The mother then decides to take Elias to the barn outside their house — the one place on the property that she deemed forbidden — and they climb up to a loft where Mother shines her gas-lit lantern on the reddish stain the boy had found earlier. A sobbing Elias refuses to look at the stain or identify it as blood while Mother tells him to “stop pretending” and assures him that “it wasn’t [his] fault” because he did not realize the gun was loaded. Another close-up on the beam reveals a previously unseen hole that came from a bullet accidentally that killed Lukas.

Elias — still refusing to believe that his brother is dead and has been a figment of his imagination this whole time — shoves his mother from the balcony, which also causes her lantern to break. The surrounding hay begins to catch fire and Elias runs out of the barn before it is completely engulfed in flames and collapses and kills Mother, if her fall did not already. Suddenly, the boy is approached by Lukas and his mother, who tells him that he “did not do anything wrong” and was “so strong” before kneeling down to wipe away his tears and hug him.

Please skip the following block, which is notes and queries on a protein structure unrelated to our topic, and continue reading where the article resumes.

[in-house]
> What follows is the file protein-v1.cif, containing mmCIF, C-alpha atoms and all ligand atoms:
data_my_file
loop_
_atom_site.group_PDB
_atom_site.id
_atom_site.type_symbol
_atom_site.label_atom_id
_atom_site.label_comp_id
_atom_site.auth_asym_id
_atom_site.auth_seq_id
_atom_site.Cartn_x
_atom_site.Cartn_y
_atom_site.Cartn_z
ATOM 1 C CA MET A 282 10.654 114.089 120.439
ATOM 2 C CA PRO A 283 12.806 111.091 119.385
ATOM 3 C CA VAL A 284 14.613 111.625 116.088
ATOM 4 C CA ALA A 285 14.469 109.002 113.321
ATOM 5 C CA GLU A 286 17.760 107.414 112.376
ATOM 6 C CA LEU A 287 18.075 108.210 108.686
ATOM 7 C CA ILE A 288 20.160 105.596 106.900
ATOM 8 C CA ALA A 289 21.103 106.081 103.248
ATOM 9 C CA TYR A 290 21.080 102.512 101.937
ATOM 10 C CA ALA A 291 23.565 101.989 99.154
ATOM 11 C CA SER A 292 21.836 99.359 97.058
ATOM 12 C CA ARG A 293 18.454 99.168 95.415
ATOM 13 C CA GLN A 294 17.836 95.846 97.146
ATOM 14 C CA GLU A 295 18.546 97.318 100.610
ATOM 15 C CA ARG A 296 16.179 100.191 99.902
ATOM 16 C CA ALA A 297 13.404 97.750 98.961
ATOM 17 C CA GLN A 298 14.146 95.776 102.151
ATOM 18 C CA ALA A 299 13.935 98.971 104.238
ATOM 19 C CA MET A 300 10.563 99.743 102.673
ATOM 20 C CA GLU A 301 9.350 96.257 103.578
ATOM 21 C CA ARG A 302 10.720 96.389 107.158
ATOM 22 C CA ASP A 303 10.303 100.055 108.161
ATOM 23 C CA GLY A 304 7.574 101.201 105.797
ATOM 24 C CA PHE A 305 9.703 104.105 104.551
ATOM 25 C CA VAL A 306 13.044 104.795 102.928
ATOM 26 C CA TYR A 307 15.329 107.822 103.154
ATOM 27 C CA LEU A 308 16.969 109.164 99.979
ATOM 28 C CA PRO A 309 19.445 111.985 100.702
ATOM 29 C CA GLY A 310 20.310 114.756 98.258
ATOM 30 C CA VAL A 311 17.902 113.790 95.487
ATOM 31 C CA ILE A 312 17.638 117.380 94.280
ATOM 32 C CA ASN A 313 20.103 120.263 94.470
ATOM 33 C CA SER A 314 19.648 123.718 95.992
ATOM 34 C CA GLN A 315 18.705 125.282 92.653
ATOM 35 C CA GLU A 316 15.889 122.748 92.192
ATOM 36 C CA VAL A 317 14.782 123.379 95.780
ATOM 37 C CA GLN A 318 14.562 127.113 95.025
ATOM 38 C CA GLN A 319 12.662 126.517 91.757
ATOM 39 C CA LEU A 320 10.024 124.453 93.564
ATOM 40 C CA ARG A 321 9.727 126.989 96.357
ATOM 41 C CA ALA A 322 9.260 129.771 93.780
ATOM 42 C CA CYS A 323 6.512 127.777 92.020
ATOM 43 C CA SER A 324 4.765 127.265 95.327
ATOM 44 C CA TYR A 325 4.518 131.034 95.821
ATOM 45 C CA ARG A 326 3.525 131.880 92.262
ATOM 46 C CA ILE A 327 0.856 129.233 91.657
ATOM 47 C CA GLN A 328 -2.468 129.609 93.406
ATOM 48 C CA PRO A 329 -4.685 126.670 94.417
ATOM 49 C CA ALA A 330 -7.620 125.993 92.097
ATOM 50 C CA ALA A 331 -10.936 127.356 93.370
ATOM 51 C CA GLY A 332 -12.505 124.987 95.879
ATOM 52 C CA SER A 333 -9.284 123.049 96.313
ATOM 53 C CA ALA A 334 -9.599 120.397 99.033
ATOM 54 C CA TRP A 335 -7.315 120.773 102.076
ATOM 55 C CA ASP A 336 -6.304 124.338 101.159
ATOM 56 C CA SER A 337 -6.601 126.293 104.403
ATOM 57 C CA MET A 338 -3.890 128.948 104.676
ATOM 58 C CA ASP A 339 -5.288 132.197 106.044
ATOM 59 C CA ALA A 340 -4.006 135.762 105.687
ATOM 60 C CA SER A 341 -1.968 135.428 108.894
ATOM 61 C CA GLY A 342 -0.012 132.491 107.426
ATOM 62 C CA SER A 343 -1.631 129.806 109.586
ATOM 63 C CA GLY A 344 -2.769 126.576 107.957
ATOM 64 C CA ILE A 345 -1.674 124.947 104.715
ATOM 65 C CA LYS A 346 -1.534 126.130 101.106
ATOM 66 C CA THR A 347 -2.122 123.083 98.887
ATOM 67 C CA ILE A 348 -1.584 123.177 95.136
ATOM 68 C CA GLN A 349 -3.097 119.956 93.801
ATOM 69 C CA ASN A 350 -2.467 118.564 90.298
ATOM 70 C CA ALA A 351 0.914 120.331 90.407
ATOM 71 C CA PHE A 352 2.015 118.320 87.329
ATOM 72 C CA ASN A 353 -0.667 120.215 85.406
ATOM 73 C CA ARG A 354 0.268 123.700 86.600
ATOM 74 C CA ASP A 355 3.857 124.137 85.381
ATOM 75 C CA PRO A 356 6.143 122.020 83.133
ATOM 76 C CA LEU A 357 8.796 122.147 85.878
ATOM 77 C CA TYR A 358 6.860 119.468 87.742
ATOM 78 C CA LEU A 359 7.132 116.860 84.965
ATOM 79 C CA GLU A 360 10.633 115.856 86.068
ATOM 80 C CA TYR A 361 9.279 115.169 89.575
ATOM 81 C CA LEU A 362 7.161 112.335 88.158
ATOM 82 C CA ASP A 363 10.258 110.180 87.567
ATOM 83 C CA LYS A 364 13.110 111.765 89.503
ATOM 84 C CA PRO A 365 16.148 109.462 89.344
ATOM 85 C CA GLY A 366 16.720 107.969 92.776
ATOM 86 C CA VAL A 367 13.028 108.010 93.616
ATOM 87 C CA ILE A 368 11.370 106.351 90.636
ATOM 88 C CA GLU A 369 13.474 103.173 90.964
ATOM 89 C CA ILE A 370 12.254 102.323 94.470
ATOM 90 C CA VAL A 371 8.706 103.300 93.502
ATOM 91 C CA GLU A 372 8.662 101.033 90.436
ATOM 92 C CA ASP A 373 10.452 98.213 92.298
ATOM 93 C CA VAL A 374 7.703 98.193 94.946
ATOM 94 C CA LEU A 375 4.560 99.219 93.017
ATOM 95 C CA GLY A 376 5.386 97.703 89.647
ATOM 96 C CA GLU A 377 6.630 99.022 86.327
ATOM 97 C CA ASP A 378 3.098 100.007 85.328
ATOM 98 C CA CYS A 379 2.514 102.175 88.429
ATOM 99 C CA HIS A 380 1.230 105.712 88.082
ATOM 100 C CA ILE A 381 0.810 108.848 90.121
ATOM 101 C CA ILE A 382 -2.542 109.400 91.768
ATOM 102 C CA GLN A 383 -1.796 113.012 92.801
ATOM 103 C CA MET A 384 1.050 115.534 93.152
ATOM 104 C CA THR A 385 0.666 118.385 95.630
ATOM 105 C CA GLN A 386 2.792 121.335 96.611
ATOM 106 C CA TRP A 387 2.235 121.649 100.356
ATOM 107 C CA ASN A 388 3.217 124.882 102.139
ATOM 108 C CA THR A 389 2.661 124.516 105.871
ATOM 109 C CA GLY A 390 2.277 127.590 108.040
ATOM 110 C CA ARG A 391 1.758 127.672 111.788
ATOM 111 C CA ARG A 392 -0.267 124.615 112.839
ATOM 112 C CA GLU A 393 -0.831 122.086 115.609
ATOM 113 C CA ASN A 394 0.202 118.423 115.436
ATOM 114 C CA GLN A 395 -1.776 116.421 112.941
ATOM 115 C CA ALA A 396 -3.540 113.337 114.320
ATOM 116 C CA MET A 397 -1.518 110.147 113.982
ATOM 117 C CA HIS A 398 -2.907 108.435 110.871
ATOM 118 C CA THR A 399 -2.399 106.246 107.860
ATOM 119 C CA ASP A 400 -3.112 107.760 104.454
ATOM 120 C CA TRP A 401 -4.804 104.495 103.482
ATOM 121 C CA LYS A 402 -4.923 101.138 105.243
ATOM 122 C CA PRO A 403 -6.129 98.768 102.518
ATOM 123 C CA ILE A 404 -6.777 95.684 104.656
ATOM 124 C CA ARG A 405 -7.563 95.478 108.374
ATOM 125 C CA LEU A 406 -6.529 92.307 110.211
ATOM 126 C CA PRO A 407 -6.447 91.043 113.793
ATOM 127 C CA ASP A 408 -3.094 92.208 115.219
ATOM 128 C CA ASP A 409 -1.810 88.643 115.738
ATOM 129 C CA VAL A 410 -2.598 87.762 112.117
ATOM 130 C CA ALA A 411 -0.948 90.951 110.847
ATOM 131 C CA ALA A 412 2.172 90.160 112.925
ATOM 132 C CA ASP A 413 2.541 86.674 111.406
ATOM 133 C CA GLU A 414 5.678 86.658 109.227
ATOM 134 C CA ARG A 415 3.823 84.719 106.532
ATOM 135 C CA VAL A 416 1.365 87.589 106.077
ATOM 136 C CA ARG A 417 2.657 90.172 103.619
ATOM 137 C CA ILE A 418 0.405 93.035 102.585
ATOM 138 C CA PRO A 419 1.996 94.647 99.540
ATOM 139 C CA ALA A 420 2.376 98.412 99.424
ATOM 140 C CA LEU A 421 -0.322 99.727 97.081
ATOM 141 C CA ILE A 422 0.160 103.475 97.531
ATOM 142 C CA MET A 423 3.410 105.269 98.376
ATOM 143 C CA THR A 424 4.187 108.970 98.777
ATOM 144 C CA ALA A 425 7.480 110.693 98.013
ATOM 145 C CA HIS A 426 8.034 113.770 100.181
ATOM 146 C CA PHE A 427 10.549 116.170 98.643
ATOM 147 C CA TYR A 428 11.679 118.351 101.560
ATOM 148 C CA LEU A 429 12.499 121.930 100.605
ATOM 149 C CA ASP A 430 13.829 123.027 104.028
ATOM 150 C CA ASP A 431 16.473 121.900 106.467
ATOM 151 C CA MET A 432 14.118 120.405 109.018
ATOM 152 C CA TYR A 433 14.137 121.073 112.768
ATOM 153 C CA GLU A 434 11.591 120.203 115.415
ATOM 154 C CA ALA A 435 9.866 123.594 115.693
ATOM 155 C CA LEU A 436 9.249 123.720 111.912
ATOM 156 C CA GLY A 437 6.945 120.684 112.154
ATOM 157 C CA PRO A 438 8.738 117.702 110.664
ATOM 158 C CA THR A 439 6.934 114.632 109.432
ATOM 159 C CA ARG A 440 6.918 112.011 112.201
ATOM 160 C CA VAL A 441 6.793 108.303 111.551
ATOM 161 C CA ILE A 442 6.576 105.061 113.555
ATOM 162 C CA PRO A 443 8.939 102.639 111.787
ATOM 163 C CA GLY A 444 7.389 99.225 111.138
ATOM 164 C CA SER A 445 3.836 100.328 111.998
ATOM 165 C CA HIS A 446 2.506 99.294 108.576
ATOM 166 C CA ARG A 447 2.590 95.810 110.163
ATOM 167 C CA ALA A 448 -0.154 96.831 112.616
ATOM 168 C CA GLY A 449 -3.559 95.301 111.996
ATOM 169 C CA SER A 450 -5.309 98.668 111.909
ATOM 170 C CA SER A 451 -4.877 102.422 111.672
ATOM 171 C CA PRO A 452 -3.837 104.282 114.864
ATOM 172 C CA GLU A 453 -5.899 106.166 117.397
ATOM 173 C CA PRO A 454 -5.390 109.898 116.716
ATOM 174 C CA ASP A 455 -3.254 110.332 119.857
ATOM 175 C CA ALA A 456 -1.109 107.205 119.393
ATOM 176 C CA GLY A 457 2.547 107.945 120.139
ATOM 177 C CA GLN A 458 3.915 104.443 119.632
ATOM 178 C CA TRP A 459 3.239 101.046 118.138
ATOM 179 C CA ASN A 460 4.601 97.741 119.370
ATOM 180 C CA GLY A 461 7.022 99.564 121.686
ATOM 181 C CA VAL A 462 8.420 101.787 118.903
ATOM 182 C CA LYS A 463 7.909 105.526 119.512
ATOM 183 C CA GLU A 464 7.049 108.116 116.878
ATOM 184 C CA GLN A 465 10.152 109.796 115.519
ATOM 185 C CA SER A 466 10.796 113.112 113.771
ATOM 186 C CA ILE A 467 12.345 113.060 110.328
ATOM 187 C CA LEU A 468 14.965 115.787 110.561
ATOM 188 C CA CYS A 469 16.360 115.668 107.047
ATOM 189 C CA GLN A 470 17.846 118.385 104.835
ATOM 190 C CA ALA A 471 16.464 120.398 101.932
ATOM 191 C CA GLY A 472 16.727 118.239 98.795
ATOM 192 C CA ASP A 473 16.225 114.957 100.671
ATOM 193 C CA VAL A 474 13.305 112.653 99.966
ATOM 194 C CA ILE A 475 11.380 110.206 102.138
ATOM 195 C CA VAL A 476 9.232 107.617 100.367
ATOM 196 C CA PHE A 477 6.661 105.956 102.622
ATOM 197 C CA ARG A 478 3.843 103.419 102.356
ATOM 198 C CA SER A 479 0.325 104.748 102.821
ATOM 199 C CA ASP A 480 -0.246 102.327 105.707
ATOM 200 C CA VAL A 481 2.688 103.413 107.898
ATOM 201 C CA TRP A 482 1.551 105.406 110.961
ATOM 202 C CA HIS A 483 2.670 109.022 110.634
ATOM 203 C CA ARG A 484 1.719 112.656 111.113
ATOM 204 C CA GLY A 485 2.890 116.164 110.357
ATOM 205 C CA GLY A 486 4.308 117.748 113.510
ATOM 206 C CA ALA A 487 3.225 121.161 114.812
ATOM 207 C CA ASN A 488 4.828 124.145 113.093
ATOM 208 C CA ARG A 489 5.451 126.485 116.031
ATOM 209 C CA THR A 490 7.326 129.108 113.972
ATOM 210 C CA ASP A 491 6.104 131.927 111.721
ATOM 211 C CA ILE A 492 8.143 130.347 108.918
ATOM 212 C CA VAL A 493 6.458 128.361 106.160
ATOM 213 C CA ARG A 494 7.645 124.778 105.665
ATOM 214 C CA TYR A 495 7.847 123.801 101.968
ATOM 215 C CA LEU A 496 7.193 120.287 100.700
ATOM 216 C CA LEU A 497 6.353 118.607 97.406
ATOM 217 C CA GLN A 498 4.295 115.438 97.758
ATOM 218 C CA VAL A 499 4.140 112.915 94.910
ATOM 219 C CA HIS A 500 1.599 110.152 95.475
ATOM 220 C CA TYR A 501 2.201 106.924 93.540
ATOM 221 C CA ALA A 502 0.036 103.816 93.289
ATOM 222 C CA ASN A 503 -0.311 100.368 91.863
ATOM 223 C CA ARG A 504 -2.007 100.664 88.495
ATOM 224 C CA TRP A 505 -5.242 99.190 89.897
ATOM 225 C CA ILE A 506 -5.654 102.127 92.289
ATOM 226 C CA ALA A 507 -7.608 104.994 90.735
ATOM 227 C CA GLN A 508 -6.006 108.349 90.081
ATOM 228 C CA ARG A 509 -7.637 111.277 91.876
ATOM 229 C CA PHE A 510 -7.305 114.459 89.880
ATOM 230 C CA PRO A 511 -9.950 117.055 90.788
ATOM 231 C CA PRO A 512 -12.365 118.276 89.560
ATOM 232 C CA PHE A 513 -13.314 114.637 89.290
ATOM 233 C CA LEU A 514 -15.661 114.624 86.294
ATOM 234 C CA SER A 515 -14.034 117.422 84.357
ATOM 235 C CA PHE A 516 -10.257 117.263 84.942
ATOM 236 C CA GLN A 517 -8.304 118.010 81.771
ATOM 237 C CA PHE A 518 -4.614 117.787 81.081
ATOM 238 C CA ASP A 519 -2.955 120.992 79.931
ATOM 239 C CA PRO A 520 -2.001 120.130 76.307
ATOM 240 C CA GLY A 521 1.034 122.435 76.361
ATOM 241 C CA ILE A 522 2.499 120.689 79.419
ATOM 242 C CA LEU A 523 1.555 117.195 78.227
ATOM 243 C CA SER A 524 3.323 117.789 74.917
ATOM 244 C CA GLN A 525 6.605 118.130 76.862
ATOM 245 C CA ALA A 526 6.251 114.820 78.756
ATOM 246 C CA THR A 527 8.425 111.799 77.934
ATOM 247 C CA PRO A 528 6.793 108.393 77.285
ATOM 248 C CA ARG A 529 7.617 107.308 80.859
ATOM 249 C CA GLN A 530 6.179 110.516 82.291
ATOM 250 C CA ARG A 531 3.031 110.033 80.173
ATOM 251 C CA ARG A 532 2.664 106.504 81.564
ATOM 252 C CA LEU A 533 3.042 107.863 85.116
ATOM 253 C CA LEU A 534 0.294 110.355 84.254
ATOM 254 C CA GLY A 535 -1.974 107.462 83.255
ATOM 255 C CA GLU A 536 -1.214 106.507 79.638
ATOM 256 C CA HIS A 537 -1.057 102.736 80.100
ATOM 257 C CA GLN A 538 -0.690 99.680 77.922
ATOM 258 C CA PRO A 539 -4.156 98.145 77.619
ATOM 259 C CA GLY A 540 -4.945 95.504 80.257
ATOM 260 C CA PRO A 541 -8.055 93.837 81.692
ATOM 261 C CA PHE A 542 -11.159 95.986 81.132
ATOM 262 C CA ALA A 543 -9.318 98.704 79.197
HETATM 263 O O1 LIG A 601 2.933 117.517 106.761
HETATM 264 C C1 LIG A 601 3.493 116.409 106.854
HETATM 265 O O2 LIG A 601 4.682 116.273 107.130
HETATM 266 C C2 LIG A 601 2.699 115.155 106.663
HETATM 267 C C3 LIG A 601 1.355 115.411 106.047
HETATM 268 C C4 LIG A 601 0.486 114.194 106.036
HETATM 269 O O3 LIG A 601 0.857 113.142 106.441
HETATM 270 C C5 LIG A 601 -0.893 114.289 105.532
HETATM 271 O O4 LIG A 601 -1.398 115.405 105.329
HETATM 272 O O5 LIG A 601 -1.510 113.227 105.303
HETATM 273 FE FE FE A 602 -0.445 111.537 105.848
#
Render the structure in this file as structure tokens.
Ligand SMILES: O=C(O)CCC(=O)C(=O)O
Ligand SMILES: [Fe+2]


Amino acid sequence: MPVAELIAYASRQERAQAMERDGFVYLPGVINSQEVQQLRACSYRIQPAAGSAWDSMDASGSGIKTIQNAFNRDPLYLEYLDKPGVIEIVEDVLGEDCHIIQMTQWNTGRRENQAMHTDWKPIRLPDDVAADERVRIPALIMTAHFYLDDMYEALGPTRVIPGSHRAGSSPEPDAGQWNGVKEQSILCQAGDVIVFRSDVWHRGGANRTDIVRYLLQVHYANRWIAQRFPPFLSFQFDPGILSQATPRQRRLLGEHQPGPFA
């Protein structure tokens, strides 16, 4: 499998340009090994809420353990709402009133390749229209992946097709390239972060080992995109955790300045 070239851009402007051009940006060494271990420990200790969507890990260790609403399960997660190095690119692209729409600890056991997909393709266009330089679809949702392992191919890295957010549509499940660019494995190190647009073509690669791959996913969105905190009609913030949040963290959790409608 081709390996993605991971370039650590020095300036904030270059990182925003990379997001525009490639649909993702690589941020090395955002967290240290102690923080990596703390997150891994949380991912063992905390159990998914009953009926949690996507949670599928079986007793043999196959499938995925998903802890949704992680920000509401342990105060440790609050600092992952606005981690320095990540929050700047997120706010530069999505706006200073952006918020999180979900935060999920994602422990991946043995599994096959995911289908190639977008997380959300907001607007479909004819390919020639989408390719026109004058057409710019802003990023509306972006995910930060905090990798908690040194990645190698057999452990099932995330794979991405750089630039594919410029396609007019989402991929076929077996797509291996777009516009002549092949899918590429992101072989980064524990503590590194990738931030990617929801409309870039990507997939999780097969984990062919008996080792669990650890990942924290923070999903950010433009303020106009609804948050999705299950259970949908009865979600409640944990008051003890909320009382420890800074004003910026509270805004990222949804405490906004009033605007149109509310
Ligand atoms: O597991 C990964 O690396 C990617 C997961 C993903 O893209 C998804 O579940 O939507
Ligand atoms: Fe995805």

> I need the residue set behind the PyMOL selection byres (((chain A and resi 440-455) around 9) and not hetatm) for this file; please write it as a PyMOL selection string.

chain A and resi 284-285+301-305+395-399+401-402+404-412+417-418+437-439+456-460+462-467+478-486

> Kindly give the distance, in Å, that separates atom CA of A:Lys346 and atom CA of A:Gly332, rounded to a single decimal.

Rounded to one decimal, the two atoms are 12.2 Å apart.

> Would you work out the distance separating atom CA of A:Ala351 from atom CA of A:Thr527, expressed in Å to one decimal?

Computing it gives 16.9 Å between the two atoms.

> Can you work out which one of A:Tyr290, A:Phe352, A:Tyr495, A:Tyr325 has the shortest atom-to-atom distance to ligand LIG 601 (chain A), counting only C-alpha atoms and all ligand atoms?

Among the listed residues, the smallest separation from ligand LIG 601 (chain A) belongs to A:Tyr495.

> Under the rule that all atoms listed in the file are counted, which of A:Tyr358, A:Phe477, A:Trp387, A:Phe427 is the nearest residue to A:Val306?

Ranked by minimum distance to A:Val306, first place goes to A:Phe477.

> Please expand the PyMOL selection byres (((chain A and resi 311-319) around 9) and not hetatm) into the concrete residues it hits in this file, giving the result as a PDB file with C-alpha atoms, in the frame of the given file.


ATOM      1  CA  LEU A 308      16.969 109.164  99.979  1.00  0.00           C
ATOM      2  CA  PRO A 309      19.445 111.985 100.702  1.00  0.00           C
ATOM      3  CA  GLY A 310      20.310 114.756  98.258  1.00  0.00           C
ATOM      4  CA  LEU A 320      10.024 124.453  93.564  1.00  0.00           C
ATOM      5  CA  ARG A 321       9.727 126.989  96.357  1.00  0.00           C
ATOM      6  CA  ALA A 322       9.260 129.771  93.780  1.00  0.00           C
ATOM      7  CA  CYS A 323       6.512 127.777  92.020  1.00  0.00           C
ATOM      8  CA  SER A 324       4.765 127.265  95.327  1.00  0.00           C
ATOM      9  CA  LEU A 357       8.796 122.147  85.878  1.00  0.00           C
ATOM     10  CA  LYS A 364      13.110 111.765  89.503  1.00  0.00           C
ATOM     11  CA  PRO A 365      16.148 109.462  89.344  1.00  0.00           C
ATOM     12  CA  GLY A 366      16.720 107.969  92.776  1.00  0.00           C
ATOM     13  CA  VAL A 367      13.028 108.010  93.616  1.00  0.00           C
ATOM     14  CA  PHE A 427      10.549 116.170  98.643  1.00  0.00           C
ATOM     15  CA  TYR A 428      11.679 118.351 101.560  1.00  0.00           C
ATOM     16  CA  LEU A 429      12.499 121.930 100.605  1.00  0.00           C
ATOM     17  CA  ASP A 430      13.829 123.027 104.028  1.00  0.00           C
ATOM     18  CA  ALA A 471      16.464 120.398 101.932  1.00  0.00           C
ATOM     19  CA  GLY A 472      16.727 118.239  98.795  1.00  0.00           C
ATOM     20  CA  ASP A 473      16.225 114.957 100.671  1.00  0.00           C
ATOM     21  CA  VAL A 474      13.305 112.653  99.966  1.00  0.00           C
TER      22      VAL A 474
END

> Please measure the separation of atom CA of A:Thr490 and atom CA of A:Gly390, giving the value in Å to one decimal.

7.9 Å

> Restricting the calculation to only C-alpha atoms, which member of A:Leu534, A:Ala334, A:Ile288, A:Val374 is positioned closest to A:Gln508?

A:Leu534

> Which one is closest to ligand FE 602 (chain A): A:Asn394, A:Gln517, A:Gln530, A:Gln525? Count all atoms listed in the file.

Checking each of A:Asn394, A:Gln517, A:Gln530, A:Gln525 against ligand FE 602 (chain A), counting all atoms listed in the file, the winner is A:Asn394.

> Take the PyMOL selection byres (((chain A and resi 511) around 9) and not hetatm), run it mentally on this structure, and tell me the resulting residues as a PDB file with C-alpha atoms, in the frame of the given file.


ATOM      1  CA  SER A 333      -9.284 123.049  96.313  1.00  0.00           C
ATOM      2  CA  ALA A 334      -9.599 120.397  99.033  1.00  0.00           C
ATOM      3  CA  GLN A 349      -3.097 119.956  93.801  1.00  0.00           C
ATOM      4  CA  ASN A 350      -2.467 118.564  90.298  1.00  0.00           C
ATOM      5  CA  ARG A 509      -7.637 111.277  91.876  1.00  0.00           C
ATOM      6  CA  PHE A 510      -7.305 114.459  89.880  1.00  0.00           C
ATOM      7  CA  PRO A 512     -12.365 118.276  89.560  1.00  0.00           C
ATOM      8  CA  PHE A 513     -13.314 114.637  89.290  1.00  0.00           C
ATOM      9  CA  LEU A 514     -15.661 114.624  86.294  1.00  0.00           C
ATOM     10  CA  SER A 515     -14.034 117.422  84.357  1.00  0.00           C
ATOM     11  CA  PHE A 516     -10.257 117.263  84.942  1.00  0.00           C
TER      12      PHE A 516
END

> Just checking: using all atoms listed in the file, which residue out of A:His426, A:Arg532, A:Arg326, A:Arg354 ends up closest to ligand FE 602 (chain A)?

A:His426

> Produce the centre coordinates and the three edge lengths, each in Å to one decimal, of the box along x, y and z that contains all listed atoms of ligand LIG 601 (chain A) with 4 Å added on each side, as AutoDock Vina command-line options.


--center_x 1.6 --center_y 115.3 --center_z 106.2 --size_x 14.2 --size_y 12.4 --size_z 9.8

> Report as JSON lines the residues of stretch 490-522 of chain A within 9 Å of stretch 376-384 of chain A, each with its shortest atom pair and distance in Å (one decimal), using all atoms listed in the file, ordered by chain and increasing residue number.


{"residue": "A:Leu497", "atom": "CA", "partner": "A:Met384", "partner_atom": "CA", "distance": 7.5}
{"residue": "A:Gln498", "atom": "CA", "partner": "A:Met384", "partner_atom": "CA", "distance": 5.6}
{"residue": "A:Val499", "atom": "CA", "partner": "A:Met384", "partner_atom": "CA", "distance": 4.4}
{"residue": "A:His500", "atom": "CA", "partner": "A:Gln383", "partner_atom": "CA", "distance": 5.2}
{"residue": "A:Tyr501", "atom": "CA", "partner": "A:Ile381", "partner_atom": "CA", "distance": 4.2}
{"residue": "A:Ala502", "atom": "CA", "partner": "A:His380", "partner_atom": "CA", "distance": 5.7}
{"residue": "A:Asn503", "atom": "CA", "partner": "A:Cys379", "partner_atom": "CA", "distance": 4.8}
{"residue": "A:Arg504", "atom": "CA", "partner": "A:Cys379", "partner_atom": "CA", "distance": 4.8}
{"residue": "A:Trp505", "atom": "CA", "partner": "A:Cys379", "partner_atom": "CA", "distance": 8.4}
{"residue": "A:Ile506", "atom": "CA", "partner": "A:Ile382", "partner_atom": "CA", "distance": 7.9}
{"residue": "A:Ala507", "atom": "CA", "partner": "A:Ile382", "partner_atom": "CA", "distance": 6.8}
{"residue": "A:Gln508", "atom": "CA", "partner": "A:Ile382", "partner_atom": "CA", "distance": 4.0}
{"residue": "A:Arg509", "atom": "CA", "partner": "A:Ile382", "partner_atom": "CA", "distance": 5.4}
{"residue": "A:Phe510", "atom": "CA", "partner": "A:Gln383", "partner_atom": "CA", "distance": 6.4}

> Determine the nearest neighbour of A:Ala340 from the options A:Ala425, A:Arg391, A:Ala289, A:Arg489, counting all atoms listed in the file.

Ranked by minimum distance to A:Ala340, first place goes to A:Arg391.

Cameron Crovetti and Nicholas Crovetti in Goodnight Mommy

(Image credit: Amazon Studios)

How The Film Hints At The Heartbreaking Twist

Having already seen the original Goodnight Mommy years earlier, I was able to identify clues suggesting Lukas had died and was never truly there as they occurred throughout the film. For instance, at the beginning, when the boys’ father (Peter Hermann) appears to be talking to both twins, but is really only talking to Elias. In fact, every scene in which Elias speaks to another person — be it his mother or the two police officers they later encounter (Jeremy Bobb and Crystal Lucas-Perry) — is framed to distract you from realizing that no one ever directly addresses Lukas.